Multiple System Atrophy Research Leads to Repeat Gift

Dr. Brandt, Dr. Ide, and Frank CervoneDr. Charles Ide, Western Michigan University Gwen Frostic Professor of Biological Sciences and Director of the Great Lakes Environmental and Molecular Sciences Center, has been researching a deadly and debilitating form of Parkinson's disease called Multiple System Atrophy. His interest in MSA was one that developed when he was recruited to do the first global gene expression study on MSA brain tissue. Ide was contacted because he was using new genomics based tools to define biochemical pathways explaining the exact molecular underpinnings of environmental based diseases. After his findings on MSA were published, he presented a talk at an MSA conference in Nashville, Tenn., and seeing the impact on the lives of both the patients and caregivers increased his interest in MSA and set him on a mission to do more.

In 2010, Frank Cervone was diagnosed with MSA. During his search for treatments and the latest research, he discovered Ide. Cervone was impressed with Ide's research and a partnership was born. Interested in helping to advance Ide's research, Cervone made the decision to send all of the proceeds from the Dayton Barefoot Runners 5-mile run to benefit MSA research to WMU. Since 2012, the Dayton Barefoot Runners group has donated nearly $30,000 to WMU to benefit the research taking place in Ide's lab. On May 9, 2014, Cervone, his wife Susan, and Dr. Doug Brandt, the creator of the Barefoot Runners campaign to increase MSA awareness, made the drive from Dayton, Ohio to Kalamazoo, Mich., to deliver a third donation to WMU from the most recent race. When presenting the gift to Ide, Cervone said, "We give here because we know 100% of it goes to research."

Dr. Ide's lab

The lab at WMU has shown that in MSA, similar to Parkinson’s disease, problems with the part of the cell that creates energetic compounds cause a normal protein called alpha synuclein to misfold (fold into an incorrect structure). In Parkinson's the neurons that make the protein die. In MSA, the neurons eject the misfolded protein and nearby cells that provide insulation for the wire-like part of the neuron pick up the synuclein and then die. Through his research, Ide's gene expression data on MSA brain cells and studies on cell "death” inducing proteins in MSA, have in part defined the biochemical pathways that are involved. Once these cells start to die, there appears to be an autoimmune response against the deteriorating insulation. Ide and his team are following two tracks in their current research:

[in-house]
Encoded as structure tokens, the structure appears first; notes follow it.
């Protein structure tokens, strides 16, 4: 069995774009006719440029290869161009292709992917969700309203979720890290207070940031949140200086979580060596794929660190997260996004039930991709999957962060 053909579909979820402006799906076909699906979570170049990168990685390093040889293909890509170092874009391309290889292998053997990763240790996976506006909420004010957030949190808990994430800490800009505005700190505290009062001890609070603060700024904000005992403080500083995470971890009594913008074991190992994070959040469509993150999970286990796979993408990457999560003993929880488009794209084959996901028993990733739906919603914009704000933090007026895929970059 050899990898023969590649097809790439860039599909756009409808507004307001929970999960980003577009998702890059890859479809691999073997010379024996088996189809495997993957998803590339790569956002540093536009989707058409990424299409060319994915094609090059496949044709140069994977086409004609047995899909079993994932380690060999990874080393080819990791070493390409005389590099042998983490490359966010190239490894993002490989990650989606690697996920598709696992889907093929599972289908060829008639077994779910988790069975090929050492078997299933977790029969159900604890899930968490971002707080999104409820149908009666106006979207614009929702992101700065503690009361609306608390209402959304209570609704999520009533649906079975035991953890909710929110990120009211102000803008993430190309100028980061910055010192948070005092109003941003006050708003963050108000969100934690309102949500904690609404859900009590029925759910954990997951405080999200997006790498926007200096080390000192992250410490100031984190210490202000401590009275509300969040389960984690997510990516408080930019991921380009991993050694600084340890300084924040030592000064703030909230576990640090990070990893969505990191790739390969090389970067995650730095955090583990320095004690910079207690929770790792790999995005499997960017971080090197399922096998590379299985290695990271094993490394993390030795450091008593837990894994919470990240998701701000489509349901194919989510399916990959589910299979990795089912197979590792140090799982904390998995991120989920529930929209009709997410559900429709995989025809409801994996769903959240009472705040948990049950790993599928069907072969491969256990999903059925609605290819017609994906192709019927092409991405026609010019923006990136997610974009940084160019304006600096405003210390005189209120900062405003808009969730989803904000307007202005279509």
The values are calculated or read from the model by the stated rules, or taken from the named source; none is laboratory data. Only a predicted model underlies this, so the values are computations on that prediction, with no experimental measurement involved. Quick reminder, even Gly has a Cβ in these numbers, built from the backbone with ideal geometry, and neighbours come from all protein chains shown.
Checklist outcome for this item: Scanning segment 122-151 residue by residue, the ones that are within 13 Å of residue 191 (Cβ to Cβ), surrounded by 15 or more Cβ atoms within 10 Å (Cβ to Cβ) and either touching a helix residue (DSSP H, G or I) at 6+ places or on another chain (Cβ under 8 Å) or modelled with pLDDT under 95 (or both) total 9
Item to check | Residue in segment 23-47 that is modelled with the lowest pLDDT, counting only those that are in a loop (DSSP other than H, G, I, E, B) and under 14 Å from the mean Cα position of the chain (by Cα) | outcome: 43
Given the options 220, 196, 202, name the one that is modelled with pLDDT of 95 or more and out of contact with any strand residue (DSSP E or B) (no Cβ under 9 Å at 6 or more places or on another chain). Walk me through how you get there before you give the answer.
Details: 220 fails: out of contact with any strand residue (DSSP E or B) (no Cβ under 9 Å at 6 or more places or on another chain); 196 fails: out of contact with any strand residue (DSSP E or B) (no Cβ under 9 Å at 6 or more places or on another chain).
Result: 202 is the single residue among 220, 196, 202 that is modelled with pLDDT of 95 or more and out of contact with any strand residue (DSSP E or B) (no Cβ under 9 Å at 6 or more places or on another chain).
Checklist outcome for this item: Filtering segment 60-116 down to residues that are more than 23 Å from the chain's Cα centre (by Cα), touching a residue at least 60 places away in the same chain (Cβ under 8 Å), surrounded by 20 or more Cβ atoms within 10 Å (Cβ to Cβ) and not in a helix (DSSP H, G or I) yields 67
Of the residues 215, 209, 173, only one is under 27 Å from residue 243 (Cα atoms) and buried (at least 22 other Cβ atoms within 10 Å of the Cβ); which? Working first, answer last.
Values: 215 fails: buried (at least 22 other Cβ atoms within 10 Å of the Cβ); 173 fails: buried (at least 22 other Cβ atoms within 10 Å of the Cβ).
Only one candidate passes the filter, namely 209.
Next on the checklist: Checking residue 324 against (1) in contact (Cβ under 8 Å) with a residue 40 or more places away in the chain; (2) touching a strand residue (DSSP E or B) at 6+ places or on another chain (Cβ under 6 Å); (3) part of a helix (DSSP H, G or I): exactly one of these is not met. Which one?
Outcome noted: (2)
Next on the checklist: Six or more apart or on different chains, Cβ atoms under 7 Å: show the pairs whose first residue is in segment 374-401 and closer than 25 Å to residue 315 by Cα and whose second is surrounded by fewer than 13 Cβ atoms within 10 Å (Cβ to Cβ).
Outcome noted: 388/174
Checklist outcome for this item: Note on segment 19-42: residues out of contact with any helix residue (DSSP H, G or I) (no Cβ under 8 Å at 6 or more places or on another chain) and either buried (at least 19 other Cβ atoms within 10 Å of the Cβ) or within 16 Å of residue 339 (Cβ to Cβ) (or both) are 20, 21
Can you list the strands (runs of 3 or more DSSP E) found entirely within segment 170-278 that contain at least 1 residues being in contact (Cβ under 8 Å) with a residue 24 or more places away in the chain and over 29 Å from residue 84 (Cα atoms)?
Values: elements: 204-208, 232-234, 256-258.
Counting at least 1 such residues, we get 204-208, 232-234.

• Develop a tissue culture model of MSA for screening drugs and natural compounds that could help MSA patients.
  • Continue studies on MSA brain tissue regarding the possible autoimmune component of MSA.

Contributors to MSA research at WMU

MSA researcherIn addition to many Department of Biological Sciences faculty, both undergraduate and graduate students have contributed publication quality data to MSA research including Ashley Bostic, Paul Caccamo, Elizabeth Haworth-Hoeppner, Derrick Hilton, Junjie Hu, Karen Van Wagner, Jeff Walburn and Megan Welter, all of whom have graduated from WMU. Annamarie Valenti, a current graduate student, and Emelia Moore, a current undergraduate student, are working on the cell culture model. Dr. Bharti Katbamna, WMU professor of Speech Pathology and Audiology, has also contributed laboratory and statistical expertise.